Nestor Mata: After Falling from Heaven, a Passionate Life of Music, Journalism, Chess, and Art

Nestor Mata gained more years after he survived a plane crash in central Philippines at 31 in 1957. Since then, he has lived life passionately - by singing classical music, appreciating art, playing chess, organizing artists' chess tournaments, writing about politics, covering dangerous events, and writing books.

''I was given a precious life when I survived the fatal crash of Douglas C-47 plane (also called) Mount Pinatubo on Mount Manung-gal in Balamban, Cebu, 55 years ago,'' recalls Mata, one of the journalists who covered President Ramon Magsaysay in Cebu on March 17, 1957. After the crash, he thought he would devote his life entirely ''to tell the truth and shame the devil,'' a journalist's mission. He has not stopped being a journalist since then, but writing for Mata, now 86, has become just one of his favorite activities.

Living dangerously (in news coverages) and indulging in many meta-artistic activities, Mata's charmed life seems to ask everyone: ''What have you been doing with your life?'' The gutsy Mata who is more than five feet tall, can shame those who squander intellect and talent with impunity. His doubts, shyness, and paralysis of expression (in the arts), he says, were shaken out of him when he survived the 1957 plane crash.

Every year, he still mounts his own annual classical concert for a private audience of selected friends and musicians, making it a ritual of enhanced feeling for the Filipino, French, German and Italian songs that seem reincarnated from his heart. He has continued the ritual with defiance when singing has turned into a chase for the elusive musical notes that still ring perfectly in his ears. Responding to that challenge, says Mata, is an art.

Up to now, he still renders one of his favorite songs, ''Dein Ist Mein Ganzes Hertz'' (''My Heart is only For You''), by Austrian composer Franz Schubert (1797 - 1828) with romantic flair, plumbed from memories and knowledge of love more than a singer's strong diaphragm.

''Have you ever heard an 86-year old man sing?'' he asks, hinting that melodic hues really strike deep with age, experience, and memories. All these are well fermented at the height of man's frailty - so, sing more. ''Music is above everything else. Music is everything. Singing energizes and renews me. It should go on,'' Mata declares.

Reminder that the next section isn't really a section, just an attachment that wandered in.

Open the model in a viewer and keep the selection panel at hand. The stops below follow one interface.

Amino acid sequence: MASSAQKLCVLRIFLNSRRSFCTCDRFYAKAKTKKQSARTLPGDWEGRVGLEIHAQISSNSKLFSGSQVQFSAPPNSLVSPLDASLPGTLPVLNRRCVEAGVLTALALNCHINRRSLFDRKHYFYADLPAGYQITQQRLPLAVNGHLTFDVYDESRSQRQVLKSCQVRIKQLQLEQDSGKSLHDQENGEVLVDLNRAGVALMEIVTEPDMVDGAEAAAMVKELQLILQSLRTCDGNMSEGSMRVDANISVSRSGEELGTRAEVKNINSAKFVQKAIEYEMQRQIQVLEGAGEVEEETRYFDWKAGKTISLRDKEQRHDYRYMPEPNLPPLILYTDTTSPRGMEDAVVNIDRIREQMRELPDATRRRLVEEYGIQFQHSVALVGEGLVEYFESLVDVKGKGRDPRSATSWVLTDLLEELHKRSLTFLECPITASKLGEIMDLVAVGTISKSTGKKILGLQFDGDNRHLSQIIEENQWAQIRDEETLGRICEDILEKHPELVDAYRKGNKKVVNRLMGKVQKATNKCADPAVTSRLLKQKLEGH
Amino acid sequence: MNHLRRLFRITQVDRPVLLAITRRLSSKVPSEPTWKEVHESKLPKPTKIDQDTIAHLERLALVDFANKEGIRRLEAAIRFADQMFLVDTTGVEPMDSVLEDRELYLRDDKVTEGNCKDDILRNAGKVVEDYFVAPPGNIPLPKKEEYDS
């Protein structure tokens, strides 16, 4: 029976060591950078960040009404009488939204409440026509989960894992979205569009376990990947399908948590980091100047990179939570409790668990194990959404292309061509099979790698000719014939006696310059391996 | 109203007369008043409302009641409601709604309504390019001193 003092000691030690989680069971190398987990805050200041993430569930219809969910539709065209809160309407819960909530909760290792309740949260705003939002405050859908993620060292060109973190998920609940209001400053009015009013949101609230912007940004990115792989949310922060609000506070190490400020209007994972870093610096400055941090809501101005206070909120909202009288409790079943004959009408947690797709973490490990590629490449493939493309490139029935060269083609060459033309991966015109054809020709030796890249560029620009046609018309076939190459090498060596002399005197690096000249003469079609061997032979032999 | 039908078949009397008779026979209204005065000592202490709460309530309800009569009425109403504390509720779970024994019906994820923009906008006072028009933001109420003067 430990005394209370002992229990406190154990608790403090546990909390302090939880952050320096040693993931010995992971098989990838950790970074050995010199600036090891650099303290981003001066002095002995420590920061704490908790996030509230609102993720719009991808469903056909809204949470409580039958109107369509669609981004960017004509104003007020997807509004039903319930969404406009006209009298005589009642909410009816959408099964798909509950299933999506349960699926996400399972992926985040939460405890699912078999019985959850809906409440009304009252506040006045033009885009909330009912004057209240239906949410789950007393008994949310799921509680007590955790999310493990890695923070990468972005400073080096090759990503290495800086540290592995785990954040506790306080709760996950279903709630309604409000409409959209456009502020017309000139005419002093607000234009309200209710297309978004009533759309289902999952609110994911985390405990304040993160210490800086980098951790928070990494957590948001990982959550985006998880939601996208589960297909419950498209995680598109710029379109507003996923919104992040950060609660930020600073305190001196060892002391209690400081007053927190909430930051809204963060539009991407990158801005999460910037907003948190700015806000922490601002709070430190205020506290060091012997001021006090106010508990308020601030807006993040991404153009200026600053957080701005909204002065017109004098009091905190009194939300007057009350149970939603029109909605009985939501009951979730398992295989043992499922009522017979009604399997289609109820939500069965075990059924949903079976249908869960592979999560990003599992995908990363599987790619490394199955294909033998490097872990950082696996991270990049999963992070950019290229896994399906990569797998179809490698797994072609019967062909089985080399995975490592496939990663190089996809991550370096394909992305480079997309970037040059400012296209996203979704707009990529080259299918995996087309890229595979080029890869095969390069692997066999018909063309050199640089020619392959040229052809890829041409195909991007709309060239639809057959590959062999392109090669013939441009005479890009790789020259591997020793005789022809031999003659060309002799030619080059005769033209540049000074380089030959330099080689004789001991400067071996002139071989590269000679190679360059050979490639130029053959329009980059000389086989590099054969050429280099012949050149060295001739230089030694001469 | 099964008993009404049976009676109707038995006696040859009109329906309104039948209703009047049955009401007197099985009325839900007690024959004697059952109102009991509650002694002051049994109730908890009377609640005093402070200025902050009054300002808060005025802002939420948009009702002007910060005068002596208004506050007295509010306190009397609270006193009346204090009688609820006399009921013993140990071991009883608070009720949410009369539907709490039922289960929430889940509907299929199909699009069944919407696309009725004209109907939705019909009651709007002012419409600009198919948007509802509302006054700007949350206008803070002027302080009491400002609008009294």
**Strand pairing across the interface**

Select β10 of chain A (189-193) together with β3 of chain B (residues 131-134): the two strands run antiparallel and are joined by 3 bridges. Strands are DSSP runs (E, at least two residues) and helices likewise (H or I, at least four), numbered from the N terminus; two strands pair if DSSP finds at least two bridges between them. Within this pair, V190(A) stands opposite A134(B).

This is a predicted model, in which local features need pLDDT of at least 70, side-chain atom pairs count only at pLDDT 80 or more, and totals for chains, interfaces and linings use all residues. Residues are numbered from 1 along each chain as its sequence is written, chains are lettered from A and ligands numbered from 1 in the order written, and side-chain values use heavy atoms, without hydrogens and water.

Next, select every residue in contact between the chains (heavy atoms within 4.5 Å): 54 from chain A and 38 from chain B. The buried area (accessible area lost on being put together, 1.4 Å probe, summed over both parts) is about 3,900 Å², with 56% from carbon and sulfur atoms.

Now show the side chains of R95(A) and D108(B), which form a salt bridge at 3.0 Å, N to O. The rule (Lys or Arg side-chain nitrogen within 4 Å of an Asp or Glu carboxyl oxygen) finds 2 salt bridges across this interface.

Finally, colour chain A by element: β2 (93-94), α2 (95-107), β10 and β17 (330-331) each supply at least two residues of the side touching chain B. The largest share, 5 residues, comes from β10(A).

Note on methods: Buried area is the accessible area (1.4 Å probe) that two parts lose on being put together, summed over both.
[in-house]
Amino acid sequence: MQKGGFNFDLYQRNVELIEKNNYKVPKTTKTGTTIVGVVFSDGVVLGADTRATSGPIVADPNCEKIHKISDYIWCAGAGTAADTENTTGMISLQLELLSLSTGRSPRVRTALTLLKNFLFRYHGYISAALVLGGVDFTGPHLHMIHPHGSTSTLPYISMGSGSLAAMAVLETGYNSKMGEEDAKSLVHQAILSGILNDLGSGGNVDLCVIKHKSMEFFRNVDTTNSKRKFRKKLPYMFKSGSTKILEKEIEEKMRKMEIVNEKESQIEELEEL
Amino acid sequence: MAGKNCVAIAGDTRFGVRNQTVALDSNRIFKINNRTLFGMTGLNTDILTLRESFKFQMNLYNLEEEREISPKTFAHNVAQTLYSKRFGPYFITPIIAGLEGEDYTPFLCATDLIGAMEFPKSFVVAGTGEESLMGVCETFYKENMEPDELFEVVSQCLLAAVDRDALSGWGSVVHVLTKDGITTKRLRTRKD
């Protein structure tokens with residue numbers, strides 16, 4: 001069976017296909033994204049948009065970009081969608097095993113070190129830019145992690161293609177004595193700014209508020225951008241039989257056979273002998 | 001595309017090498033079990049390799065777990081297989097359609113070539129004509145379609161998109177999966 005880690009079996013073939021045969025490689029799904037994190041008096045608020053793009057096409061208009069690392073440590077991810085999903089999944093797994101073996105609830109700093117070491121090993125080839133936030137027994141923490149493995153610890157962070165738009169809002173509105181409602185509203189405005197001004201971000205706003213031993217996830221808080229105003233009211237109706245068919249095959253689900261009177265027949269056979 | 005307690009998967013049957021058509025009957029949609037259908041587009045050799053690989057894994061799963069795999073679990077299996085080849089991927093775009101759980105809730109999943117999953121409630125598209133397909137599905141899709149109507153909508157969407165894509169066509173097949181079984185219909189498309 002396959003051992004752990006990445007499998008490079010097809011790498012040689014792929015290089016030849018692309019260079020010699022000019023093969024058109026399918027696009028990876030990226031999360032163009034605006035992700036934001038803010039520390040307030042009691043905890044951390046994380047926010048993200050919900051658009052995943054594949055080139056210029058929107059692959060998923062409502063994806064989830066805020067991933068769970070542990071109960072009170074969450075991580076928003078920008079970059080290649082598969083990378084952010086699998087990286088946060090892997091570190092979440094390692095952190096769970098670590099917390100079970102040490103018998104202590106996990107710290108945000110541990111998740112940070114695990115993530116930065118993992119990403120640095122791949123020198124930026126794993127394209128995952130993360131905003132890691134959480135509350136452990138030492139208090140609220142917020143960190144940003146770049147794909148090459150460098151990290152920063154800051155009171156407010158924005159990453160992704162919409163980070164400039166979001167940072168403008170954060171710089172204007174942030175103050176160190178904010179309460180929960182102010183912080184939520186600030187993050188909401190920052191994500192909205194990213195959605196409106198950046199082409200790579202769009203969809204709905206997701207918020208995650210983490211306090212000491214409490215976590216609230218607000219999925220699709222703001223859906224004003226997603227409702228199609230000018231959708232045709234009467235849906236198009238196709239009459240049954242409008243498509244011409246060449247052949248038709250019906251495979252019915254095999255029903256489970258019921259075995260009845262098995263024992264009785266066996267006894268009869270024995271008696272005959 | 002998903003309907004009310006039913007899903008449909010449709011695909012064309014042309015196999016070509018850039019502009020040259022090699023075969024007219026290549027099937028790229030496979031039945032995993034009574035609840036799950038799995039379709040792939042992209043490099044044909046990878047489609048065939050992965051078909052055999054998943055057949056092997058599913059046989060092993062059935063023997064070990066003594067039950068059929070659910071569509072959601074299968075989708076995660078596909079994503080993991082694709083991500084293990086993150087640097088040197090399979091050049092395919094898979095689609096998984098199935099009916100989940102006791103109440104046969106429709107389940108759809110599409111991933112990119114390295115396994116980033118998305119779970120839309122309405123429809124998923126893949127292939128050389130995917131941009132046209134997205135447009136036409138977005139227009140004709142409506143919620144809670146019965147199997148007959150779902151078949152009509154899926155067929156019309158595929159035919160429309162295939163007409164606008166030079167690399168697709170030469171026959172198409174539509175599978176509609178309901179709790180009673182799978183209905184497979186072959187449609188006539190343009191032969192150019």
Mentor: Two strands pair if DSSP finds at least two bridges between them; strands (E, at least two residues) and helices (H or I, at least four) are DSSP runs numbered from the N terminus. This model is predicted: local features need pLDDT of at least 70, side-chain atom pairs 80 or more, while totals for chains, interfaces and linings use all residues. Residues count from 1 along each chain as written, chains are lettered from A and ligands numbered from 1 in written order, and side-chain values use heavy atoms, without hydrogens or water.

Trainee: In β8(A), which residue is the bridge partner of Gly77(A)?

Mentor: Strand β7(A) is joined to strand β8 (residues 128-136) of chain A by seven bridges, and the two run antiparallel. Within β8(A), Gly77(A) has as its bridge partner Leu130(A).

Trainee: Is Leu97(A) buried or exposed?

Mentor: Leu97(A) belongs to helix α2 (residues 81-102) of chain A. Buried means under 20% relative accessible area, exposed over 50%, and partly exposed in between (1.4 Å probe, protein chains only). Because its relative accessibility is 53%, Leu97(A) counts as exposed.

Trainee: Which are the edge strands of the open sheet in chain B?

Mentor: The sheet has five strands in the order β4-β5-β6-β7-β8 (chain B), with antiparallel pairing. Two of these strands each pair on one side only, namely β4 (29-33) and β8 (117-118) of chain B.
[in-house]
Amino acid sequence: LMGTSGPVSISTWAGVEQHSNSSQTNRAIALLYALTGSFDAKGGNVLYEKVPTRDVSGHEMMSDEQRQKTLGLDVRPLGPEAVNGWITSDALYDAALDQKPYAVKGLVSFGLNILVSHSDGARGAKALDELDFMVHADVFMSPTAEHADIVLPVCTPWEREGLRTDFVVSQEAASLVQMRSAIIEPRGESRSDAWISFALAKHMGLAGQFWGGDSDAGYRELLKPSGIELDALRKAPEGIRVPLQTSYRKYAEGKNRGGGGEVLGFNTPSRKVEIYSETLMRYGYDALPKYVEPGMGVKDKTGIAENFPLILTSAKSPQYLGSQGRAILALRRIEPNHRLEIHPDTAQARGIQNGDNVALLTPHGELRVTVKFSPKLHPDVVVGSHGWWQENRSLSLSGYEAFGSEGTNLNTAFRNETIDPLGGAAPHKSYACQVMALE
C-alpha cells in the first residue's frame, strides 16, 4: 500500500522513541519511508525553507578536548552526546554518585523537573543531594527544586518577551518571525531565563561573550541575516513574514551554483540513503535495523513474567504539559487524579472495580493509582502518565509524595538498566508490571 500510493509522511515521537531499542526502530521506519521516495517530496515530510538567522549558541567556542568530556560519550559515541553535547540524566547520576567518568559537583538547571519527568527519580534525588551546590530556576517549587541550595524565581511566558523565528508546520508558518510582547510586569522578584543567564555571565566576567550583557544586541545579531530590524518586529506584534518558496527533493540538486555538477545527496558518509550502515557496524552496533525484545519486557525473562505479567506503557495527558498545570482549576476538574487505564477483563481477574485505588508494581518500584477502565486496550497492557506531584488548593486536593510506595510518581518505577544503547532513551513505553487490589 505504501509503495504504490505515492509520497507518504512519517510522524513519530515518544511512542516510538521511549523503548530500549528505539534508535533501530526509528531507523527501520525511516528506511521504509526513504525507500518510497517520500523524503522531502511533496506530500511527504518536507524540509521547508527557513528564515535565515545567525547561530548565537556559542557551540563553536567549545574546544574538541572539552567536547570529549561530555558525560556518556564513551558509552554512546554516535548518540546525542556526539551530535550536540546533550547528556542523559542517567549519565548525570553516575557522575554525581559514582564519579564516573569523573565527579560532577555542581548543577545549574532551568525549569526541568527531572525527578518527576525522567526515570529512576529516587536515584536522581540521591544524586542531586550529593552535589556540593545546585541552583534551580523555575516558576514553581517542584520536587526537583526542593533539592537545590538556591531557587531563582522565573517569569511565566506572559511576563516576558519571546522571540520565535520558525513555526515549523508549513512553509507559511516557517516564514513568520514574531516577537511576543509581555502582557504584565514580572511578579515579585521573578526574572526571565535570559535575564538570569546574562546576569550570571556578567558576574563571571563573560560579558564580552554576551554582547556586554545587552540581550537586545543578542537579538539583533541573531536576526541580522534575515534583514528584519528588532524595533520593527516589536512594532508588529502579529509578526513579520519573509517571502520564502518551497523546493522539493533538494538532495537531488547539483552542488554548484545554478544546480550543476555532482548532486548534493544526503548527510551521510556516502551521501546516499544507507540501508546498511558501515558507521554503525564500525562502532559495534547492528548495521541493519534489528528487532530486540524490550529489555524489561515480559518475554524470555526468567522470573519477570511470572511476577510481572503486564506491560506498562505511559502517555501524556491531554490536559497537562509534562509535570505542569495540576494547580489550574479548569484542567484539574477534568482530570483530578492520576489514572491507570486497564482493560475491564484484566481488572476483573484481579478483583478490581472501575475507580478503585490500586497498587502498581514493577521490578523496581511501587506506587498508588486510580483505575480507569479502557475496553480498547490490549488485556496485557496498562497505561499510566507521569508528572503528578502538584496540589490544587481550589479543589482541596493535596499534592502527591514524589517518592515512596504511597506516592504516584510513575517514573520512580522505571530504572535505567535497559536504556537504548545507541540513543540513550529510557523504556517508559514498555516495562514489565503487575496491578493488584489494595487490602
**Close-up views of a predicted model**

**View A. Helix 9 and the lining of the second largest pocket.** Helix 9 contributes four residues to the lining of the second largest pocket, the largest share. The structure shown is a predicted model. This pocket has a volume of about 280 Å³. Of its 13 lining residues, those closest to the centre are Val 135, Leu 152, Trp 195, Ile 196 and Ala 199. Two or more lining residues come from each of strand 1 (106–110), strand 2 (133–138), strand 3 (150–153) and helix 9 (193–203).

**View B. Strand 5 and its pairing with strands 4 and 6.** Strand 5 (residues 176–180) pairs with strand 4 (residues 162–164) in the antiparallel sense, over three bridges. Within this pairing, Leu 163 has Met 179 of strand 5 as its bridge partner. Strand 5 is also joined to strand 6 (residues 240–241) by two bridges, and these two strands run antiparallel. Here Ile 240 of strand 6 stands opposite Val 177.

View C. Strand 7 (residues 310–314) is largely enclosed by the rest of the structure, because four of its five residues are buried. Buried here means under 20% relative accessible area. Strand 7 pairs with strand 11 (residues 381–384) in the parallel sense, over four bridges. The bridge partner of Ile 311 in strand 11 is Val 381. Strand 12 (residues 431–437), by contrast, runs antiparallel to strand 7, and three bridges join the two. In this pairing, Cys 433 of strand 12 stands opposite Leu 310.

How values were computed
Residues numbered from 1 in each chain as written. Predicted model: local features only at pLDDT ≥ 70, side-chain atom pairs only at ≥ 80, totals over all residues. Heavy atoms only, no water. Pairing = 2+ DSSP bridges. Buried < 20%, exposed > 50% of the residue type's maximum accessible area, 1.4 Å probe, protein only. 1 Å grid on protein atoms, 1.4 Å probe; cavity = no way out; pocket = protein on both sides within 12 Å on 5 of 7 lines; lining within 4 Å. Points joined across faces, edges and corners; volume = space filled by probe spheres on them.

Recalling a prodigious beginning in music, he says, ''I studied violin at six under Bonifacio Abdon, the first violin teacher of Ernesto Vallejo, Manila's renowned violin virtuoso in the 1920s. I was with the choir of St. Agnes Catholic Church in (Manila's) Intramuros when I was 15. That's why I can read notes.''

Preparing for a concert, up to now, is a back-breaking ordeal that includes ''memorizing, practicing and rehearsing,'' says he. (Filipino) kundiman or classical songs in French, German, and Italian are easy and enjoyable to memorize because of their intrinsic melodies,'' he says of his musical preference. The composers' journeys to hell are hardest to tackle with hope and sense of disbelief.

Mata's other aim in singing is to mine the ''magnetic field between the performer and the audience (because it) is like writing as a journalist (or dishing out new things for the audience)''.

Noting a rambunctious life that immediately developed on top of his music-filled childhood, Mata says, ''As a journalist, I started at 21 in 1947.''

''Journalism (a 65-year old passion) has given me photographic memory and sturdy mind,'' says Mata, whose analysis, courage, insight, and wit, through the years, are more grounded with facts than amplified with fiery illusions to save the world.

His career as a journalist runs parallel with the history of Philippine journalism. He has been writing a column for Malaya for 13 years, starting 1999. He was art and political columnist of Manila Standard for 13 years, from 1986 to 1999, when the paper was owned by Freddie Elizalde and edited by Andy del Rosario. In the same period, he was co-executive editor (with Julie Yap Daza) of (glossy magazine) Lifestyle Asia for 13 years, from 1986 to 1999.